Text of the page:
Moscow, 12 December 1996 (RFE/RL) -- Russian President Boris Yeltsin's decision yesterday to retire Army General Igor Rodionov from active military service, and retain him as the first post-communist civilian defense minister, attracted broadly favorable comment from analysts inside Russia and elsewhere.
Viktor Kremenyuk, deputy director of the U.S. and Canada Institute in Moscow, said that Russia had "ripened" by joining the league of countries with civilian defense ministers.
Kremenyuk and other military analysts reached by our correspondent praised the decision. General Yuri Lebedev, chief military expert with the policy institute RAU, warned that Rodionov still will be viewed as a military man by his subordinates, but said that others now will treat him as a civil politician. Kremenyuk said that the miltary might have tried to sabotage reform efforts of what he called a "purely civilian" defense minister.
The "London Daily Telegraph's" veteran Russia correspondent Alan Philps wrote from Moscow that the action was viewed there "as heralding the way for the Russian military to get used to taking orders from a man not wearing epaulettes."
In announcing the decision yesterday, President Yeltsin issued a statement including these words: "The experience of democratic states testifies that a civilian at the helm of the Defense Ministry can successfully tackle the whole range of problems of strengthening the state's defense potential and ensuring the vital activities of the army and navy."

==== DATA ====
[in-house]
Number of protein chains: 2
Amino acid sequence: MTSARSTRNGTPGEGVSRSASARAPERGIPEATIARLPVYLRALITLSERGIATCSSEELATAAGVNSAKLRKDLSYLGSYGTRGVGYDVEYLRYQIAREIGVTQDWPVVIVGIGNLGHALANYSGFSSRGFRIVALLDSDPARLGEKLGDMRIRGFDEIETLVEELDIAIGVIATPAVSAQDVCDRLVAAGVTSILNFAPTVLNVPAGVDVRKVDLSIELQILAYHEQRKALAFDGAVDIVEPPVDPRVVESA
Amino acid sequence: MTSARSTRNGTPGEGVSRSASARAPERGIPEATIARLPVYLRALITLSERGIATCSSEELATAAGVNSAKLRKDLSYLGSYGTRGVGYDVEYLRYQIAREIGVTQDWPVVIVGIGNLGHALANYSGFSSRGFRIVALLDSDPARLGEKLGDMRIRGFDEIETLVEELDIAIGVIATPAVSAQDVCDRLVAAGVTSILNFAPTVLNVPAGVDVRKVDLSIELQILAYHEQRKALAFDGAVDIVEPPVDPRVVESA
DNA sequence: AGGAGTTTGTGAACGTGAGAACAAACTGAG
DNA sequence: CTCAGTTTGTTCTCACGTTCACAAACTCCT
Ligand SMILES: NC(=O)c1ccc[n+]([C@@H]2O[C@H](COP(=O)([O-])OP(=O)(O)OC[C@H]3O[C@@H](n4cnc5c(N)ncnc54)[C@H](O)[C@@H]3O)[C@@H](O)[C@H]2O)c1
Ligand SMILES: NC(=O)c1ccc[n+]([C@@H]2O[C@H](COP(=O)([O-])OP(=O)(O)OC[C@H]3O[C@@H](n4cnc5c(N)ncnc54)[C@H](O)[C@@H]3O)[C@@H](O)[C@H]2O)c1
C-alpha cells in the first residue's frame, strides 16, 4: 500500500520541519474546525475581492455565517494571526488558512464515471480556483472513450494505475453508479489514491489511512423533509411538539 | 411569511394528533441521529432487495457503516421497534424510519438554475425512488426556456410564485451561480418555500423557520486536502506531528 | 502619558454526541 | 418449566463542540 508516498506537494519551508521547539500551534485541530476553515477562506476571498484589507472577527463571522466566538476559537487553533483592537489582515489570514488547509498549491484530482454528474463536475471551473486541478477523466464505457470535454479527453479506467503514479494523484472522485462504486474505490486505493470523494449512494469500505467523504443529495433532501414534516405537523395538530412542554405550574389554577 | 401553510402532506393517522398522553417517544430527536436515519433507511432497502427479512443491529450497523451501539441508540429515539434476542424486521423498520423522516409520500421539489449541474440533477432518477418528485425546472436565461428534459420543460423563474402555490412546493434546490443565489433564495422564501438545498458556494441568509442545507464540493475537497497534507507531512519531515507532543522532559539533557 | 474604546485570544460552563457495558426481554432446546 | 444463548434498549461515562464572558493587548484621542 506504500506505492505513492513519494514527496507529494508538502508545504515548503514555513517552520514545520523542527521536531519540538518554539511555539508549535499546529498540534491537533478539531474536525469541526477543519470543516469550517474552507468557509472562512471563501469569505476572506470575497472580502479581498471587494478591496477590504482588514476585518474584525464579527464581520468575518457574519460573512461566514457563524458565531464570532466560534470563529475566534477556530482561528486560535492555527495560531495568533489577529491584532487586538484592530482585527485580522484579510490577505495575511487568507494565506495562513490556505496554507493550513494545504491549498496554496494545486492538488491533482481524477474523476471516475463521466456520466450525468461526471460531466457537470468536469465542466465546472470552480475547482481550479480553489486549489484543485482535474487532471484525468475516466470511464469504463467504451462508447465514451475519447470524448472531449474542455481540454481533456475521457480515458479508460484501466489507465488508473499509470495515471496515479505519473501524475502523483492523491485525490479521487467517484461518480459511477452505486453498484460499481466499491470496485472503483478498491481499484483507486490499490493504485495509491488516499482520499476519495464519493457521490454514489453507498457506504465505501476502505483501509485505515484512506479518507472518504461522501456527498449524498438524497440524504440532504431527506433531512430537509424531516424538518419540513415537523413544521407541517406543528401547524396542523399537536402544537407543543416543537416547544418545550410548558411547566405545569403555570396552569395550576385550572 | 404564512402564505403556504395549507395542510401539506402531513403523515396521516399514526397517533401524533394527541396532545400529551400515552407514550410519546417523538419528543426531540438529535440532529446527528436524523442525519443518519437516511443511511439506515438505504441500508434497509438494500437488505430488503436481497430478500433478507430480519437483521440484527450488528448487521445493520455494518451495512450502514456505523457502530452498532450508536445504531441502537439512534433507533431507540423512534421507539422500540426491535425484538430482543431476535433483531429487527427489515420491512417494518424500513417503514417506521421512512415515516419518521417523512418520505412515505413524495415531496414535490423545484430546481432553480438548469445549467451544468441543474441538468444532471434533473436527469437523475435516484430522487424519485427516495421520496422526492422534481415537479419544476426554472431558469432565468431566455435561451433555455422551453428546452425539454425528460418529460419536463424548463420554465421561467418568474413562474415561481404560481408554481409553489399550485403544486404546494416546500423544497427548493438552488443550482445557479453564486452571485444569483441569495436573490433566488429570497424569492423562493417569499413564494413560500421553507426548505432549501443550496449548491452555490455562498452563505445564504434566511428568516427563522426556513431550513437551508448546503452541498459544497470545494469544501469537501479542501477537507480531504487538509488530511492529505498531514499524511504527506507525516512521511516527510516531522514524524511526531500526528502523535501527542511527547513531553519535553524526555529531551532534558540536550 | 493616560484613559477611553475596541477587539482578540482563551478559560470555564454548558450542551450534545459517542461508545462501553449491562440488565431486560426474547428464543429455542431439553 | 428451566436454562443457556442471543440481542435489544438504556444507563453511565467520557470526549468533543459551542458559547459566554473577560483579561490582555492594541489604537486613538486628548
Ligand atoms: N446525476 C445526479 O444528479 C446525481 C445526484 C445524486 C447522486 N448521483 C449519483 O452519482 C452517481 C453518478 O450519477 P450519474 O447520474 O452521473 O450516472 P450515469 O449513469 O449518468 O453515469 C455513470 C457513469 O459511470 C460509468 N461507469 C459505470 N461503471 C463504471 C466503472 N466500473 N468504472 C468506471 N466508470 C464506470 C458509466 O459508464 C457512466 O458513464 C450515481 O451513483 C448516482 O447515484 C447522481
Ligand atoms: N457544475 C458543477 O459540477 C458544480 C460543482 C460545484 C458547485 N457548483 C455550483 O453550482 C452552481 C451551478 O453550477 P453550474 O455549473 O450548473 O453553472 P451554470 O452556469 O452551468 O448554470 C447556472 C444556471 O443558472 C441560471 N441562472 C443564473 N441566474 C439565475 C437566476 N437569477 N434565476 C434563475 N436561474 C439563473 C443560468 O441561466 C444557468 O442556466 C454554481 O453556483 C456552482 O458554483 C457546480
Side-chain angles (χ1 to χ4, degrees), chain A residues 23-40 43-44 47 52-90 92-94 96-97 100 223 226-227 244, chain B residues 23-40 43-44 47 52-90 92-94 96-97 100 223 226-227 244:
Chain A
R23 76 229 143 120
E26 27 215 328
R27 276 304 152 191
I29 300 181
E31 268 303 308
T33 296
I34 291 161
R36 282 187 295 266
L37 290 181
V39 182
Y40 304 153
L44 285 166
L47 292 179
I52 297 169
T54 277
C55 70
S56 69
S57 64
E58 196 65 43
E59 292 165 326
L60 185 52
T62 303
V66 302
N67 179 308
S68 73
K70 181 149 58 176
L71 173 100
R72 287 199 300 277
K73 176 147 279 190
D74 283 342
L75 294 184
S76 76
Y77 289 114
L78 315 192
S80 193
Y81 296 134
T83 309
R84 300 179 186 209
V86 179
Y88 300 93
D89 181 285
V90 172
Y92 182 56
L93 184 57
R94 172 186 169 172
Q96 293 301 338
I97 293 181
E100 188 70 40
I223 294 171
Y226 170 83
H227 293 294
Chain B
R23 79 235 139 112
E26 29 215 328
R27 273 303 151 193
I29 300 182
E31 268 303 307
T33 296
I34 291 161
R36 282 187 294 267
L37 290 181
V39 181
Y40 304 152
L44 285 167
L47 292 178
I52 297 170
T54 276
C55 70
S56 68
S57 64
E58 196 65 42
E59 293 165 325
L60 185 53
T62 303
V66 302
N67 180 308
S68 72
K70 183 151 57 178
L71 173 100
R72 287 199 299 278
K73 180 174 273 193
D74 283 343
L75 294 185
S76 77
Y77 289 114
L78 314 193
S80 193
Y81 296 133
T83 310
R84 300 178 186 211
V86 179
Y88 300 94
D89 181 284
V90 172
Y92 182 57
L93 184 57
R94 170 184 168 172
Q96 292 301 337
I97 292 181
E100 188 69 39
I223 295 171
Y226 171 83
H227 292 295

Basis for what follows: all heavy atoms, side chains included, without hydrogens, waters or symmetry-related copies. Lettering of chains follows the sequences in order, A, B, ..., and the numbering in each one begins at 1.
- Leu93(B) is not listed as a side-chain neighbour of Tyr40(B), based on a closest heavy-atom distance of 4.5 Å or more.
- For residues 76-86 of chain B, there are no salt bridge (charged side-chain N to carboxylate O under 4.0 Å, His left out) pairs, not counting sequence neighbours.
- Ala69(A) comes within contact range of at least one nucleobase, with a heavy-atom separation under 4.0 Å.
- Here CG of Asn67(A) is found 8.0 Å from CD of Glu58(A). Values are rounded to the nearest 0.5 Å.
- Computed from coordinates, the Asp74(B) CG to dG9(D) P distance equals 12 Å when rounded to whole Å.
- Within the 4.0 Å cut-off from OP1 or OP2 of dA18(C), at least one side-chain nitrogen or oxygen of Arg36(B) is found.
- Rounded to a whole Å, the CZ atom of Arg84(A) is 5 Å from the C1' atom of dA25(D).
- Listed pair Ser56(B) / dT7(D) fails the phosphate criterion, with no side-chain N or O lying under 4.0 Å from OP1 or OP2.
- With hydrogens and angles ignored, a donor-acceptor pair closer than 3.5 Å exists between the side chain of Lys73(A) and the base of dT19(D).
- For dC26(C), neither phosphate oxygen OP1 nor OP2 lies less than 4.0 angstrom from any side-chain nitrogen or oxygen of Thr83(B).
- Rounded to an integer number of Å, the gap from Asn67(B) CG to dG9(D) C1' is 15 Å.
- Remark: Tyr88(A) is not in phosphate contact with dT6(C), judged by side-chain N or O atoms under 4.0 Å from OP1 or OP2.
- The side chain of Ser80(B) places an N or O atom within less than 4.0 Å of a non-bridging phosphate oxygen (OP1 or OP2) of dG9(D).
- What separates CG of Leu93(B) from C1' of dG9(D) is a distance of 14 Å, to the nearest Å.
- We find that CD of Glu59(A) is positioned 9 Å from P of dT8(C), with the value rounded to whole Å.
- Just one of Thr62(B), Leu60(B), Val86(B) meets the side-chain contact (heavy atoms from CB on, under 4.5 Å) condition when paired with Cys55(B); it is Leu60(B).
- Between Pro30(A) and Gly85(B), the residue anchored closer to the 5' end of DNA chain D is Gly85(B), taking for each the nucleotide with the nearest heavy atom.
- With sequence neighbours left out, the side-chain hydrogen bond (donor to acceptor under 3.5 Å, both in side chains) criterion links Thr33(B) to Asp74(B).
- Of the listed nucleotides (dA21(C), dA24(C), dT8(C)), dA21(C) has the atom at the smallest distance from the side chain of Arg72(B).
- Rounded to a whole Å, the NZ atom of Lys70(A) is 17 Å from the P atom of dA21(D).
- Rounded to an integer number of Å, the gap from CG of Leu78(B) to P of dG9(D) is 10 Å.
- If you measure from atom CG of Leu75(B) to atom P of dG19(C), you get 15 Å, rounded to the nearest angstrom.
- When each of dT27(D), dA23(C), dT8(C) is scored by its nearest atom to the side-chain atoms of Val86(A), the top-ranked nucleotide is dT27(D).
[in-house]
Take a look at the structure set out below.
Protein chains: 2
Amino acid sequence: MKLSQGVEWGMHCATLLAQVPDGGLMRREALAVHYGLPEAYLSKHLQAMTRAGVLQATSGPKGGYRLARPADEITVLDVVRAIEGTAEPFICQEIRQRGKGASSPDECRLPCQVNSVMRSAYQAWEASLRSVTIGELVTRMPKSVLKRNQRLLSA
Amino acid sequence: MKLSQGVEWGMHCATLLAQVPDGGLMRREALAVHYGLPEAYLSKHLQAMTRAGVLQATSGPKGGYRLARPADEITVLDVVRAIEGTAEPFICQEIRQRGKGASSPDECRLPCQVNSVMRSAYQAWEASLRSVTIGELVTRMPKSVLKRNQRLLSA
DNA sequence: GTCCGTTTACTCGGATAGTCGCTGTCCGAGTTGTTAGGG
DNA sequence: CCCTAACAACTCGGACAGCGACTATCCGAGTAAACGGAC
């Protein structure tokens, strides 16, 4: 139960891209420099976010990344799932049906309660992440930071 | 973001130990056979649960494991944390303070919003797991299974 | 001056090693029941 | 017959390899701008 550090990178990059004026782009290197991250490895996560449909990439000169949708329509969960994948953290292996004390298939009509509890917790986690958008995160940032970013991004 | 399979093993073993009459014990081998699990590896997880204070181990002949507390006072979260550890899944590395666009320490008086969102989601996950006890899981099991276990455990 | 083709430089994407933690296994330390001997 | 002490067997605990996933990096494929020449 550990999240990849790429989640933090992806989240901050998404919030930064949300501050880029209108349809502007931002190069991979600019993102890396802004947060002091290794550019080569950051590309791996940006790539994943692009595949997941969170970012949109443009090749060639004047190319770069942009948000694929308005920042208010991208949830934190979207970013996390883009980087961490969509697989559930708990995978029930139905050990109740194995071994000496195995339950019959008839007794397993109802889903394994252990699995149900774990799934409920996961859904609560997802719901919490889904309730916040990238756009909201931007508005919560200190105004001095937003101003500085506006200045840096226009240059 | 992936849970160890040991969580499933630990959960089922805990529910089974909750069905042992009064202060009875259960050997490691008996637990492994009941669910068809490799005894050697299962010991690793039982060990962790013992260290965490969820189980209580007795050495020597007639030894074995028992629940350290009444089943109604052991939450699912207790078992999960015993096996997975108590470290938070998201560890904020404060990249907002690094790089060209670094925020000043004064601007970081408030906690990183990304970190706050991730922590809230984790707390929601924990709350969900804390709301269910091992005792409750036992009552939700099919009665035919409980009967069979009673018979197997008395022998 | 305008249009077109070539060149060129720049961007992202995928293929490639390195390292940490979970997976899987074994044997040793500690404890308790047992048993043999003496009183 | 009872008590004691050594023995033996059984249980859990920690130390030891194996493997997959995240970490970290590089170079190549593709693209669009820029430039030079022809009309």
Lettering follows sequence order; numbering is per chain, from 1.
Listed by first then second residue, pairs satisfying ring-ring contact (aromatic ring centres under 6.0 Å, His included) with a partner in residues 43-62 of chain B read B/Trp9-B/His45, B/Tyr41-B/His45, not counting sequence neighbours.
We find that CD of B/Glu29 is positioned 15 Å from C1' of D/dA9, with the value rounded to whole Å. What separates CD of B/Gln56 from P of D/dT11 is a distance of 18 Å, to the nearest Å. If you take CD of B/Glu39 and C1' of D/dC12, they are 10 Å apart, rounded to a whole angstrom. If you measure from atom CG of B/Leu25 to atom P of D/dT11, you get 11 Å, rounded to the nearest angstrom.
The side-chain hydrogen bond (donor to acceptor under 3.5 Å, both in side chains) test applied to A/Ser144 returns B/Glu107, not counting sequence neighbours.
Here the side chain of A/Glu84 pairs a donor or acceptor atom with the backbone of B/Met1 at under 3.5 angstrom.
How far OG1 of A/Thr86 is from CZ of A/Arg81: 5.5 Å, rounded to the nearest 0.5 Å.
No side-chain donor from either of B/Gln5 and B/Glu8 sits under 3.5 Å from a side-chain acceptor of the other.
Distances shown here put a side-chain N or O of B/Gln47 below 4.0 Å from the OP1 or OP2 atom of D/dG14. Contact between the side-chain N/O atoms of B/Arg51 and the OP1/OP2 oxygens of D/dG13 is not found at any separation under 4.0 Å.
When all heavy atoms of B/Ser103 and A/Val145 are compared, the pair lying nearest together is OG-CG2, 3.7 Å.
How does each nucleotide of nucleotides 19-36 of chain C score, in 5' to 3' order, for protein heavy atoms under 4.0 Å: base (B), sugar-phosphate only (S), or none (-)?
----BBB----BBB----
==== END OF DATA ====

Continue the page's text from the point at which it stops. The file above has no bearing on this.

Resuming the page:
The U.S. newspaper "Boston Globe" today quotes Yeltsin's military adviser, Yury Baturin, as saying the move is part of a realignment of duties in the Russian military that will allow the defense minister to concentrate on slashing the army's bloated bureaucracy and to move ahead with plans to switch to a fully professional military. The Globe reported that Baturin told a briefing yesterday that the civilian defense minister henceforth will be responsible for broad policy decisions, and that a military general staff will exercise operational control of all the armed forces.
The newspaper quoted Lev Rokhlin, chairman of the parliament's defense committee, as saying: "This is a welcome move in that civilian control over the army is a requirement for a European democracy."
Not all reaction was enthusiastic. The "London Daily Telegraph" today quoted Pavel Folgenhauer, national security editor for the Russian newspaper, "Sevodnya" (Today), as saying that the decision was mere window dressing. As Folgenhauer put it "If Rodionov takes off his green uniform," he does not then become a civilian expert.
Rodionov himself went public last October with an appeal for financial support for the Russian armed forces.
"Russia's leadership and society should know that the chronic lack of funds is taking the armed forces to the brink of undesirable, and even uncontrollable, developments," he said.
Widely respected within the military, Rodionov has said in the past that the Defense Ministry should be headed by a civilian, not a career soldier like himself.